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June 26, 2017

Go Nawaz go


June 26, 2017

Be gone, sooner than soon and without a trace. Pack, strap and leave. This country cannot afford to have you in the seat of political power – of which you have too much already.

Your party is in control of the local bodies in Punjab and in the capital. It has a comfortable majority in the National Assembly, an absolute majority in the largest province, its own president and it practically controls all house committees except in the Senate. Now in March next year you can lock out every bit of opposition from policy and legislative fray by controlling the Upper House as well.

This is bad for Pakistan. There must be a limit to one’s political advantage. There seems to be none on you. That you have amassed this concentration of power through votes is immaterial. The end result is what counts, and it is that you will be in an unassailable position to change anything and everything in the constitution by controlling the Senate.

Who knows what you are planning once you are in that position of absolute strength? What vile ideals reside in your head? What games have you thought of playing the moment you see the last horizon coming into your grasp? Even if your heart is clean and head is straight we still don’t want to take that risk.

From the way things stand today – and going purely by the results of the local bodies elections held over the past four years – it is clear that your party will win the next polls. It may not retain its current advantage but it will not be rocked out of power. This means that local bodies, Senate, the National Assembly, provincial assembly and presidency could all be under your control for another five years or more. That is terrible.

Yes, there is no constitutional bar on any party winning elections repeatedly. Nor is there any restriction on how many times the same person can be prime minister. But that is the theory of democracy; we don’t have to live by that theory. It is hard on the eyes to see the same face in the PM House and the same family in power for so long. It just does not look right. Very bad optics. One term is enough, and three times in the PM House is more than enough. Put these two things together and you will understand why we are saying enough is enough.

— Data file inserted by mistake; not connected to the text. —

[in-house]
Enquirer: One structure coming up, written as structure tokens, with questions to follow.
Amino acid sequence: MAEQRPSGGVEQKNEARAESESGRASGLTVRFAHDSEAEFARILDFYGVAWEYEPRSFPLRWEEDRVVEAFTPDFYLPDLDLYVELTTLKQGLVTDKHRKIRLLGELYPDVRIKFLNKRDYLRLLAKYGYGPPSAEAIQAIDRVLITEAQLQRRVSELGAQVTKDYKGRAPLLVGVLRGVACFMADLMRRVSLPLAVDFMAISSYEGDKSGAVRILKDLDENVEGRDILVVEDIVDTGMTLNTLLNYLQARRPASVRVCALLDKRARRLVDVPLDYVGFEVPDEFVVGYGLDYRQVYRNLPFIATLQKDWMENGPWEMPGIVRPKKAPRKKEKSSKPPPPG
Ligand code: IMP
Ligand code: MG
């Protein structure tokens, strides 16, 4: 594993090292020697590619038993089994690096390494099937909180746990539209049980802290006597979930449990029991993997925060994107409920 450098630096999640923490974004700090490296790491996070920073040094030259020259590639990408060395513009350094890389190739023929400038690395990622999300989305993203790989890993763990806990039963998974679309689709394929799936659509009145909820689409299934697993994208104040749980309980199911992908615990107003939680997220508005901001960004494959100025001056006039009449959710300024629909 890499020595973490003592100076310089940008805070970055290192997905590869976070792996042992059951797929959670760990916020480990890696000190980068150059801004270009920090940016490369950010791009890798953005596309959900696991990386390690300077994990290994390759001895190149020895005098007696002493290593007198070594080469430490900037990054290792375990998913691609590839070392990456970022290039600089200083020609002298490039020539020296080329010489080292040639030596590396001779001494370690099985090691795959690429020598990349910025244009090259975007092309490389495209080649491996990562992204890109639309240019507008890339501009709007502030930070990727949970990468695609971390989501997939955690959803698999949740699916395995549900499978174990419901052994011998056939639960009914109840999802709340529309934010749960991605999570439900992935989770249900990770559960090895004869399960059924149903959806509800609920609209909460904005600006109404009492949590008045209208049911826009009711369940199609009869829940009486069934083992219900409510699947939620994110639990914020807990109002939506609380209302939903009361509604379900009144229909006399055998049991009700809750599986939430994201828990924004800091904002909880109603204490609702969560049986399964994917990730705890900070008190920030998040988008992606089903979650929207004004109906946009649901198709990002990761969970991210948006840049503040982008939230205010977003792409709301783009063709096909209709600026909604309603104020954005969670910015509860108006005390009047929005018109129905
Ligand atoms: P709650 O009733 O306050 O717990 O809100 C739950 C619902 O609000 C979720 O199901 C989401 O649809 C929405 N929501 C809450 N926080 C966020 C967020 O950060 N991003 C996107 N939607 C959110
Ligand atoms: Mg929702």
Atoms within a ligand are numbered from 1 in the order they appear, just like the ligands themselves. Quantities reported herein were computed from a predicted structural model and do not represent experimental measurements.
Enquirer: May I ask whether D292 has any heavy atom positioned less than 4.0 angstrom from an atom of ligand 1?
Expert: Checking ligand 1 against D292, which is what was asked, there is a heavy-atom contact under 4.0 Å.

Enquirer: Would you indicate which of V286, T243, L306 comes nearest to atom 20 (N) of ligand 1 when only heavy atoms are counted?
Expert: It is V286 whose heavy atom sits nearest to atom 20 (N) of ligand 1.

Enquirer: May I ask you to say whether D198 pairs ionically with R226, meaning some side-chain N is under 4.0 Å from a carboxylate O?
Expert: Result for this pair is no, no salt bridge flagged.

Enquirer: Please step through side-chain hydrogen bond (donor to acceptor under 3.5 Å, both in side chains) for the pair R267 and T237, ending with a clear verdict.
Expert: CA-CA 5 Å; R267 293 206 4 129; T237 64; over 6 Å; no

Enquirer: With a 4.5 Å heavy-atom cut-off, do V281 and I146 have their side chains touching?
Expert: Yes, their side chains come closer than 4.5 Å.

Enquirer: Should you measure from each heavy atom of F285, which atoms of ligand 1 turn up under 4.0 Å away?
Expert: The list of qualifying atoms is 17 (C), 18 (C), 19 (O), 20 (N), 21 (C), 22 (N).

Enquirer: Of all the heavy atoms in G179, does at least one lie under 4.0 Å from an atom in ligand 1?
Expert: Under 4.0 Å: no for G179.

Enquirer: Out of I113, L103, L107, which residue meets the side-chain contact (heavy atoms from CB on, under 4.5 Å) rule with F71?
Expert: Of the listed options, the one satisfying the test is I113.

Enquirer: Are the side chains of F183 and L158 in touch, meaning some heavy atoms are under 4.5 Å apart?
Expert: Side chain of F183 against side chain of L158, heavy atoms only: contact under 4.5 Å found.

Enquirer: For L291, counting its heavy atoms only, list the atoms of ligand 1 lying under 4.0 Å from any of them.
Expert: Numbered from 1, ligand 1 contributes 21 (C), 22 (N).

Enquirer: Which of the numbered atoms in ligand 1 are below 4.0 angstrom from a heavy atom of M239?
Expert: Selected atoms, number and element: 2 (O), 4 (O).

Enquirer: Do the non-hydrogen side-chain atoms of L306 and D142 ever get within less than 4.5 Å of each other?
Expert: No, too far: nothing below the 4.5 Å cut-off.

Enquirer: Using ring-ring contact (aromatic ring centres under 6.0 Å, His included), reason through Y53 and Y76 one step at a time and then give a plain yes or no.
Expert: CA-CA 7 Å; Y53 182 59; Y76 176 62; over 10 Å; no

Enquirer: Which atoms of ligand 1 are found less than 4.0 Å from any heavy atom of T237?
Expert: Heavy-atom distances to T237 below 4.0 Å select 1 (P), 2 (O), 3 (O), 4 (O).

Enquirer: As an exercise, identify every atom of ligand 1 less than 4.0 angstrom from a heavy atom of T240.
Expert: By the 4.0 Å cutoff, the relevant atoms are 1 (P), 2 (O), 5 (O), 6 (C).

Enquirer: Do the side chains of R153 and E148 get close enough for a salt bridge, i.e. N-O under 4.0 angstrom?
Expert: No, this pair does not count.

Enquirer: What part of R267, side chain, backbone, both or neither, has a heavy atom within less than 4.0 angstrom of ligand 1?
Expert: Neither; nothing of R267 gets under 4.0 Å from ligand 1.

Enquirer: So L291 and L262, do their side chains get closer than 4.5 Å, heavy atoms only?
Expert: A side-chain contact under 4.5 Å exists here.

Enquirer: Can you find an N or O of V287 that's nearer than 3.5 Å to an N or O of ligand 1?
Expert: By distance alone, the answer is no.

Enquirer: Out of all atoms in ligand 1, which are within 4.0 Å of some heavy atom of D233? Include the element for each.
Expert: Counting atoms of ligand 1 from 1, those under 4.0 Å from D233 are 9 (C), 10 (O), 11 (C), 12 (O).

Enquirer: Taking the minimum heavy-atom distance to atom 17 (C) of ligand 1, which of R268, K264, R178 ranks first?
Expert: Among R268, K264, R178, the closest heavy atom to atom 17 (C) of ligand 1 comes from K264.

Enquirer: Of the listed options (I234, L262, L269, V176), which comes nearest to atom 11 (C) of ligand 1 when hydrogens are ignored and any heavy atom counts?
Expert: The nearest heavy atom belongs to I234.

Also, others must too have a chance at getting their foot in the doors of the PM House. Imran Khan deserves to be there. Why? Why not? This place has seen Shujaat Hussain, Zafarullah Jamali, Shaukat Aziz, Yusuf Gilani, Raja Pervaiz Ashraf. What’s wrong with Imran Khan? He is qualified. First, because he is Imran Khan. Second, because he says he is qualified. Third, because he’s been around for almost two decades. Fourth, because he’s got his act together now. He offers a mesmerising array of new-generation leadership which includes Firdous Ashaq Awan, probably Sheikh Rashid and even Babar Awan. What more does the nation want? Many others have joined him. These and others who have come to the PTI on special entry passes now present a formidable proposal for future government.

Even if the PTI doesn’t do well at the polls and the result is a weak coalition government at the centre, and in Punjab, that will be far better than one overly powerful party in control of government. Coalition governments have their advantages. They can be turned into governments of All Talent: all manner of national brilliance can be inducted into them; and you could not even appoint a foreign minister.

They are also more dependable because they are bendable. In a country like ours that has multiple challenges on all fronts and which has to do many things above the rules of political correctness, bendability is dependability. Flexibility is acceptability.

CPEC is a strategic project. The Chinese would not want everything to be held hostage to procedure and oversight. Too much is at stake to let process hinder movement of projects. Participation in the Saudi alliance is crucial for Pakistan’s long-term interests (which are too secret to be disclosed to anyone), and they make demands on us. How many windows of decision-making can there be when the king calls us out? How many, really? You don’t understand the sensitivities involved in these big-ticket schemes. You’re a failure. With you out of sight the strategic picture will become clearer in terms of following up on these important areas.